Development, like any creative endeavor, is very much an extended conversation. If you’ve ever had the pleasure of studying drawing or painting, you might be familiar with the sense of creating something beautiful then setting is aside only to wake the next day with fresh eyes to look upon your creation again and think, “Oh wow, that’s awful.” It becomes very much a discussion between creator and creation, each informing the other of what is needed. And ideally, if we are so lucky to know such individuals, we can add more experienced and knowledgeable participants to add their valuable piece to the conversation.
I began developing with the general mechanics common in Deckbuilding games and with a million other ideas both new and from the original digital version. Six factions, unique Champion powers, Districts which impacted both players, and Bounties that came up in the Market randomly.
Factions retained their general feel. Nature would be Influence (health) oriented, the Machine and its bots would be violent and damage-based, and so forth–each faction with its own flair and tendency towards a specific strategy.
The rulebook was…lengthy.
After developing the new mechanics, I entered them into our database and printed out a new series of black and white artless cards printed on flimsy card stock. And the team began playing it. It was complex and heavy, feeling rather bogged down instead of elevated by layer upon layer of rules. There were drastic changes made at a moment’s notice, the team was wonderfully flexible and took every major change in stride.
And then, I had the great fortune of having a meeting with a game designer with worlds of experience beyond my own. I cannot express how valuable the perspective of an outsider can be. Not just the important contribution of playtesters but of other industry professionals. I had become so inextricably tangled in my game, studying the details so closely, that it’s not only that I couldn’t see the forest for the trees, but that I was counting pine needles. This conversation pulled me out of those depths and changed the game in ways that so greatly improved it and I am so grateful for.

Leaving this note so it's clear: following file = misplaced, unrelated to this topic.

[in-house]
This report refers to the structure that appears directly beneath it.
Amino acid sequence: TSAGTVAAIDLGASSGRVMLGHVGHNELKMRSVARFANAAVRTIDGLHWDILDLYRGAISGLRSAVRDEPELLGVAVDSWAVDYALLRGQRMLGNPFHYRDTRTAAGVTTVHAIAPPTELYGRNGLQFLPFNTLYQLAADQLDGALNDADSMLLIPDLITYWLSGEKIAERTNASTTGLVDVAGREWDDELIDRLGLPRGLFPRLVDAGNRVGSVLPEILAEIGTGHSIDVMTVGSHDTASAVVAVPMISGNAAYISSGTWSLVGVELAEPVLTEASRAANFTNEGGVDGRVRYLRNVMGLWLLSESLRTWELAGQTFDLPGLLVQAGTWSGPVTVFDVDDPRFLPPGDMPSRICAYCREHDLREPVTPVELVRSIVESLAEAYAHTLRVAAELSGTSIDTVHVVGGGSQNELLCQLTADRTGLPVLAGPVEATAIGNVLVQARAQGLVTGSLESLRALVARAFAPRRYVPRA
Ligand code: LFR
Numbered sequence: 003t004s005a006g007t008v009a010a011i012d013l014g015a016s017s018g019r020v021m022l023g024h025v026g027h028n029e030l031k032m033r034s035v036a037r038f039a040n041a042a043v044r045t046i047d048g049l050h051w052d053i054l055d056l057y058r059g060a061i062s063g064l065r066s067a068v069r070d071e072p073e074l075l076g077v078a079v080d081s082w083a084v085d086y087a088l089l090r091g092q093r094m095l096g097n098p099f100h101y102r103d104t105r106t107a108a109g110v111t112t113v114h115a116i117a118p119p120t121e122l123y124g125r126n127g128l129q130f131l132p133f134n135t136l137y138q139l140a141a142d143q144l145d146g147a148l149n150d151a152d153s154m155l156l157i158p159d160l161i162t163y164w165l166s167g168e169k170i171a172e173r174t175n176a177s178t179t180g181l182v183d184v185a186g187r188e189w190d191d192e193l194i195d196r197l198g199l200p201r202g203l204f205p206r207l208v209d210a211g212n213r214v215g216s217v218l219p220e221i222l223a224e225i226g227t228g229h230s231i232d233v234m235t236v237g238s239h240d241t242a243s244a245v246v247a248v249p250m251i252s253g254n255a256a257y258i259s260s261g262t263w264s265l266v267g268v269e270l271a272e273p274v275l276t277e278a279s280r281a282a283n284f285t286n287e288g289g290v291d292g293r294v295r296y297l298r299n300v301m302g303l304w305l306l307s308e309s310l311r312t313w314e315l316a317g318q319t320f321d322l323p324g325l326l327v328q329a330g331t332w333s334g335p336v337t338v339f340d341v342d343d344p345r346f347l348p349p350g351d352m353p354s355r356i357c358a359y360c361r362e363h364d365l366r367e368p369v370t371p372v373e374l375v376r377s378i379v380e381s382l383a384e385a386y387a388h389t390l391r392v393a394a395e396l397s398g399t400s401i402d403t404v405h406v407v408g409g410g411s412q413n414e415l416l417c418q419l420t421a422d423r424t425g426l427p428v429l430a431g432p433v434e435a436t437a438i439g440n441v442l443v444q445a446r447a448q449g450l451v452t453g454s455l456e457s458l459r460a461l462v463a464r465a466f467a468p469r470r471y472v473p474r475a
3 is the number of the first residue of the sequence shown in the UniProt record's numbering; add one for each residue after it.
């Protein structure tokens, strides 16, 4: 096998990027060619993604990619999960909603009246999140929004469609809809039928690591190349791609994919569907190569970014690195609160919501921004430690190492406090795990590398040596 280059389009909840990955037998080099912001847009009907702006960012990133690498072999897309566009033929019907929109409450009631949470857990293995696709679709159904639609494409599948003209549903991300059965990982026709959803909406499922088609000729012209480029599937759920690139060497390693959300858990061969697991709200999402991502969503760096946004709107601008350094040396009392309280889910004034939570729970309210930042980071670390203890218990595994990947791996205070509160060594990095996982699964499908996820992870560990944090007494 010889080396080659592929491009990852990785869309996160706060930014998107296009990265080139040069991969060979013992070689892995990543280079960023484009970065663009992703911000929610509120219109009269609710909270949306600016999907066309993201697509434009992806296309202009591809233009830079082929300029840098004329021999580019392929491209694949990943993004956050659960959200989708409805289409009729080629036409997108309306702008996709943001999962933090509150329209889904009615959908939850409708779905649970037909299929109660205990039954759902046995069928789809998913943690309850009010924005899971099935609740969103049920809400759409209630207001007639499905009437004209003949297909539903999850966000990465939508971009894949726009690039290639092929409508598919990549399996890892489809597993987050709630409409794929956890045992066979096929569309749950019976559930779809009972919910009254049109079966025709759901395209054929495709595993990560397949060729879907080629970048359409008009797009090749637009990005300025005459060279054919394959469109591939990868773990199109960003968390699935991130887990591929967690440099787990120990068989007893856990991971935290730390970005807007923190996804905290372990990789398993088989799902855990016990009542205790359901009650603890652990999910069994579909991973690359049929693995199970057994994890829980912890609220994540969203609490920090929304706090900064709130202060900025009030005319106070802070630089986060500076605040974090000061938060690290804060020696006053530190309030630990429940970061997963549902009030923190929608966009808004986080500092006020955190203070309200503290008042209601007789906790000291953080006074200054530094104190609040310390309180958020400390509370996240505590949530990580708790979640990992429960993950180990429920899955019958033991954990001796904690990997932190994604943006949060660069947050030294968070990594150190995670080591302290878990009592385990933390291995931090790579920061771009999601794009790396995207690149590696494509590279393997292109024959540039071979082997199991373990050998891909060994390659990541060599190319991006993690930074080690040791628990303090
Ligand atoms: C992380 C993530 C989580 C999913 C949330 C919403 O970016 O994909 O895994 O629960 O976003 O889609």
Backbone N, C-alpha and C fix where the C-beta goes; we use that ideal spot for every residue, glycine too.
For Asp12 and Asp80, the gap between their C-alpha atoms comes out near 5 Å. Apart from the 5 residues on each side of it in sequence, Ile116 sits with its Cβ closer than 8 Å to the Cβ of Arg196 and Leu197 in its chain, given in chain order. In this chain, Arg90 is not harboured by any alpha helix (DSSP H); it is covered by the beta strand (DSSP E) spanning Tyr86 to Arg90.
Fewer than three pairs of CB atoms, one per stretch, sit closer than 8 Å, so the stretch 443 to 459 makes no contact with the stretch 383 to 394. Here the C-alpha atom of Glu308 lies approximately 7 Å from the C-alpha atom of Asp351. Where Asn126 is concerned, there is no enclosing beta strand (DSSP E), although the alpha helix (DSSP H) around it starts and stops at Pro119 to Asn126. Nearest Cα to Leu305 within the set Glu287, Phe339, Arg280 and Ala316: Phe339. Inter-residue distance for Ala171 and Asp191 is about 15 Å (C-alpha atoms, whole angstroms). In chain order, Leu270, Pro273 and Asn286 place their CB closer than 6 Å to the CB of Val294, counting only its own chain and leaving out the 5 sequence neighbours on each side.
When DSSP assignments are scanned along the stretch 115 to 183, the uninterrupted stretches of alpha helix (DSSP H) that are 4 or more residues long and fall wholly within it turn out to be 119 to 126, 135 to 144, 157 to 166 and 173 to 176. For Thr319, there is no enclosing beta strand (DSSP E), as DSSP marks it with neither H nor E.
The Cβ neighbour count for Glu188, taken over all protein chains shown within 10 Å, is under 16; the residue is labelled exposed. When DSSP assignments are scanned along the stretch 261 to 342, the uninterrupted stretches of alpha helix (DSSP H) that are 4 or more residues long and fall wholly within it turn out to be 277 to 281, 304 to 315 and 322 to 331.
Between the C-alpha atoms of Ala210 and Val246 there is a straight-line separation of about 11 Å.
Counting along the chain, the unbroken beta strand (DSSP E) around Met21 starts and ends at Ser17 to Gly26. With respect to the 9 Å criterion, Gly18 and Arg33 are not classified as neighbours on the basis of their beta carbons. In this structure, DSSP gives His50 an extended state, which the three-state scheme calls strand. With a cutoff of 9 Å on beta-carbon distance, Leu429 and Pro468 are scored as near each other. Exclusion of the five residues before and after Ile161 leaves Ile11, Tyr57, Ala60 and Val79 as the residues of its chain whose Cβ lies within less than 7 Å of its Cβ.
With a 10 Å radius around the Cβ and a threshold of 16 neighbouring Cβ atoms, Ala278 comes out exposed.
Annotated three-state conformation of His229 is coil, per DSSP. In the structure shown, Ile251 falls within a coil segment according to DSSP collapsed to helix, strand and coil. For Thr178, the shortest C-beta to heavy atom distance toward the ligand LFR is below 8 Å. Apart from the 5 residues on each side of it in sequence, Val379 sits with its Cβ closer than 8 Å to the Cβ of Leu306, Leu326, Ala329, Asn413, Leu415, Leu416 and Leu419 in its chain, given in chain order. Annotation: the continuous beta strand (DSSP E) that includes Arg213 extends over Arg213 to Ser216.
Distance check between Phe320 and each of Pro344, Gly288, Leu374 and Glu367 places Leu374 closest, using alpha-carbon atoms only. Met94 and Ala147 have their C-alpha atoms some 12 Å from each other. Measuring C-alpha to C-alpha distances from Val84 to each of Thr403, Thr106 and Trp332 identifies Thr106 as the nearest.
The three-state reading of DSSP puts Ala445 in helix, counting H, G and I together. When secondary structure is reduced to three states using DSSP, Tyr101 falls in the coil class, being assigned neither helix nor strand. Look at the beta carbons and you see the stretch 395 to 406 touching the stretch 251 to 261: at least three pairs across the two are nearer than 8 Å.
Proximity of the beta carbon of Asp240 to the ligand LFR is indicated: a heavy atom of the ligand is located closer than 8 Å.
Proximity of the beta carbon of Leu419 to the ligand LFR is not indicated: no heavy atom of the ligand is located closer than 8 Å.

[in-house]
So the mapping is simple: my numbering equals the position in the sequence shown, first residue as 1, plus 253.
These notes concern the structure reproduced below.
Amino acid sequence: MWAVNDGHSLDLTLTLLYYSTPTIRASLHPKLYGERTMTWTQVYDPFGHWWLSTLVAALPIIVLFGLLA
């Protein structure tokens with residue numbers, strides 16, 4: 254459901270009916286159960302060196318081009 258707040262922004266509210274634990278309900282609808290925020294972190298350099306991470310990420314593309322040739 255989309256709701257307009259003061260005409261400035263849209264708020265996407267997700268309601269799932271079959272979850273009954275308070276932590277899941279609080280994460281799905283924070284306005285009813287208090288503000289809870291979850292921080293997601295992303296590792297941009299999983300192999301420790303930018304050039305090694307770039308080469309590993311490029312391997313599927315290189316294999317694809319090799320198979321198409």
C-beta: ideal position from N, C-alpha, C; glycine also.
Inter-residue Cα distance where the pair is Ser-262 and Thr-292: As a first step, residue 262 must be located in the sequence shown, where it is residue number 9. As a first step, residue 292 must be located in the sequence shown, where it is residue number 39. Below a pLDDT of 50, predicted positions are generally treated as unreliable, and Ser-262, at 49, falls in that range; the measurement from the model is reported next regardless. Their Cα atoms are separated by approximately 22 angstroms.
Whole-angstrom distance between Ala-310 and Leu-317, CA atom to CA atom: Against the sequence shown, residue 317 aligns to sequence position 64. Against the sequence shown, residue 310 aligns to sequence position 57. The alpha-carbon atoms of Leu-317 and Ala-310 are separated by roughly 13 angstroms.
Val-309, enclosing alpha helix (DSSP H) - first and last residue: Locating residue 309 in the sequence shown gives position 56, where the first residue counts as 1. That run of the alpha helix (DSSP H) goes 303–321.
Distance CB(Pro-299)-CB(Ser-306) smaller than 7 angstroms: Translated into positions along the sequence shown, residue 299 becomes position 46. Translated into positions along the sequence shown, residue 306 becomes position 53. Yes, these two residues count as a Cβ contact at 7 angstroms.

I could see. The game was too complex, the decisions too vast, the factions too many. I was still thinking in a way derived from the simplification that a computer brings. The likelihood of a player’s faction appearing weren’t great enough to inspire the, “A-ha, yes!” opportunities but weak enough that the opponent could steal all valued enemy factions, leaving some the brightest, stand-out mechanics inert.
With simplified factions, Bounties took center stage as our problem child. Our playtesters found that with fewer cards, these guys often clogged up the Market and stalled the game. We decided to move them to their own pile, creating a constant opportunity for bonuses and a little bit of cultural flavor to the post-apocalyptic environment.
After much playtesting and near constant alterations, it was time to put it all together. The artists had delivered their works, our creative director had put together our icons, rulesheet art, and stunning frames (which I really think the detail of which is a standout for our game), the mechanics were housed in a wonderful database, and I was ready to put the pieces together.
The Finished Game
I named every card. Placed each piece of art in its frame. Entered the icons and mechanics. And when possible, I added an italicized line of flavor text. Diana and Gunnar ran the gambit in QA for all of our content and pieces were altered, redone and done again until we were able to send our game, Atlas Break, to the printer, at long last.
In some small ways, I mourned the death of the previous incarnations as the game changed so much and simplified. What could those previous incarnations had become? But, honestly, they needed to change and they changed for the better. The game became more eloquent and that was a sort of victory in itself. It also paved the way for opportunity. There is so much more I want to share for Atlas Break and, if players are interested, I have many ideas waiting in the wings and hope players share their ideas as well!
Playing and changing and seeing the game evolve, it’s apparent that rules are malleable. How changing one aspect, one mechanic, one value, can alter the mood, pace, and balance. Have you ever played a game “wrong” and after a few games realized the mistake? I remember playing Pandemic with a friend incorrectly only to find the “real” way to play suddenly too easy after enduring a punishing misunderstanding. And I think we liked the “wrong way” better!
If you play our game, I do hope you enjoy it! And feel free to play it differently. Change the rules, alter mechanics, play with game design! And if you do, please tell us about it. And most of all, have fun.